Engaging the JB Lightfoot Legacy – Book Notice (Gupta)

220px-Joseph-barber-lightfootI won’t recount for you the whole story (see more here), but Ben Witherington III stumbled upon a treasure trove of unpublished material by J.B. Lightfoot while Witherington was on leave in Durham (UK). Some of this material, all handwritten, was Lightfoot’s personal lecture notes on Acts. Witherington, with help from others including Todd Still, made the worthwhile effort to publish this material. The first volume in a series called “The Lightfoot Legacy” is entitled The Acts of the Apostles: A Newly Discovered Commentary (IVP, 2014). Before cracking the spine on this book, I had already told a friend I was excited about this publishing endeavor because Lightfoot was such a supreme model of a historian, somehow with encyclopedic knowledge of ancient texts and languages. In a time now when seminaries are cutting biblical languages out of their curricula, I admire the “good ole days” when historical study (including original languages) was simply taken for granted as foundational to proper study of Scripture.

Having now read a good bit of this newly published work, I enjoyed the early biographical sketch Lightfoot Legactwritten by Witherington and Still, getting to know Lightfoot the person. Actually, when I was a student at Durham a handful of students had a rare and memorable opportunity to visit Auckland castle where we were treated to a tour of the facilities including the place where Lightfoot and Westcott were buried. What a great legacy at Durham of top-notch historical work.

A caveat – Lightfoot’s Acts notes are quite technical, so not casual reading. Lots of insights and great material for research, though, of course.

One additional note: Lightfoot was a pious man (obviously an advantage for a bishop!). While he excelled as a historian, his study was deeply rooted in faith. I was blessed by this statement on prayer and exegesis.

Last of all, these remarks would be most defective, if I failed to remind you, as I need to be reminded myself, that above all things prayer is necessary for the right understanding of the Holy Scripture. As speaking to Christians, I might appeal at once to the authority of Scripture itself, an authority which you all recognize. But if it can be said that as a matter of argument, I am arguing in a circle, because the recognition of the duty of prayer presupposes a belief in the truth of Holy Scripture, I could put the matter in this light. If you are studying an ancient writer, a historian for instance such as Thucydides or Tacitus, you would not expect to understand him unless you endeavored to transport yourself into the time at which he wrote, to think and feel with him, and to realize all the circumstances which influence the life and actions of men of that day. Otherwise, your study would be barren of any results. So it is with the study of Holy Scripture. These documents come before you as spiritual writings, and to appreciate them you must put yourself in communication with the Spirit. Prayer is the medium of communication. And therefore it is necessary for the right understanding of the Bible” (51)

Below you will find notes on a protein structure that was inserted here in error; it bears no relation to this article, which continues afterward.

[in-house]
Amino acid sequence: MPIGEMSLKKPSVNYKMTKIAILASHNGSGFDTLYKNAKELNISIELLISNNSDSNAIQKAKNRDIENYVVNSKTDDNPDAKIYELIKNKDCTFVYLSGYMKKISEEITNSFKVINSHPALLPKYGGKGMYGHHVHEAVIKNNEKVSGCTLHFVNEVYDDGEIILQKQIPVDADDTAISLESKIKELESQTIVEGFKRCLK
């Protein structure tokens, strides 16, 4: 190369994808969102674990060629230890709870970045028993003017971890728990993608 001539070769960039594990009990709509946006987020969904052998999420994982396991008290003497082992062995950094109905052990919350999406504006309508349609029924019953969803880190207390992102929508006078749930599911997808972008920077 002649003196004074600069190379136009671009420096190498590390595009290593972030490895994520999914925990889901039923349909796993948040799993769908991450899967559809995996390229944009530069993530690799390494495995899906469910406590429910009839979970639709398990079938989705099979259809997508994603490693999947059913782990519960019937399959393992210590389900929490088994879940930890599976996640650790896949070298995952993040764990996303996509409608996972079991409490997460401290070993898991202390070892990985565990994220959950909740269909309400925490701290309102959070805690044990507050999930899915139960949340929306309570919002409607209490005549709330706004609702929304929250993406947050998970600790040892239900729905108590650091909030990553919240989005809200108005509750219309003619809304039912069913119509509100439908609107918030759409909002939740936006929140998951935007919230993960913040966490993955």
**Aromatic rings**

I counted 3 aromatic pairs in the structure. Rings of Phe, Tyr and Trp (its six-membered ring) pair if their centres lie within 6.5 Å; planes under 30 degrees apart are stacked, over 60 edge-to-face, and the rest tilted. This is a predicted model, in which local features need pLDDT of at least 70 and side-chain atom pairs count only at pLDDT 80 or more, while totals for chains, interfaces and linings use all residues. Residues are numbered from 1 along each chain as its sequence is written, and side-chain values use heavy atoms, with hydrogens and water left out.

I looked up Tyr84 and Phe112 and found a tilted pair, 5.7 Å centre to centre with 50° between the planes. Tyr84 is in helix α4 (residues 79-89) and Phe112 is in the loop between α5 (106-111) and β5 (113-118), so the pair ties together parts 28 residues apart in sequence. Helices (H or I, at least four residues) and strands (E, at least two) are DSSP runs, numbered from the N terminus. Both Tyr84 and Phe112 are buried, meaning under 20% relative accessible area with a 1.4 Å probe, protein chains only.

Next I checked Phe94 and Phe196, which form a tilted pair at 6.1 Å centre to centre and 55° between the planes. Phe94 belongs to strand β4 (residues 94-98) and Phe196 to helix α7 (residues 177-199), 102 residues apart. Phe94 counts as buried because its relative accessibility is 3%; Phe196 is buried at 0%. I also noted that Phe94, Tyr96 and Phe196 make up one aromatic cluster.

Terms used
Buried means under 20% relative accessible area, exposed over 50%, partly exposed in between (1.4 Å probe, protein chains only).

Jesus in Contemporary Culture; Part 11; Superstar! (Skinner)

Jesus-Christ-SuperstarToday was the final day of the semester and we finished watching our sixth and final film, Andrew Lloyd Weber’s Jesus Christ Superstar (1973). This was the only musical (actually, “rock opera”) we watched and it was my first time watching the film all the way through. I was surprised to find that, unlike most musicals, there was no dialogue in between musical numbers. The dialogue throughout the entire movie consisted of sung lyrics. Though there are appearances and songs by Mary Magdalene and Simon Peter, it was interesting to see the lyrical dialogue and dramatic tension revolve primarily around the relationship between Jesus and Judas Iscariot. The entire conflict is seen through the eyes of a clearly troubled Judas. Halfway through the film I found myself thinking about other presentations of Judas’s role in the Jesus story including The Passover Plot and the Gospel of Judas. The next time I teach this course I will probably include those readings along with the module for this film.

As I have mentioned throughout this series of posts, we began the semester with an exercise we called, “Problematizing Chalcedon.” We wanted to help students think through the complicated matters associated with the human/divine relationship that is such a key component to orthodox expressions of Christian doctrine. I thought this film, more than the others, beautifully captured that concern in the lyrics to Mary Magdalene’s big number, “I Don’t Know How to Love Him,” (which Judas reprises near the end as he expresses regret for betraying Jesus). The next time I teach this course, I may have students reflect on the lyrics to this song (see clip below) and have them write an essay on how this song takes seriously the Chalcedonian tension.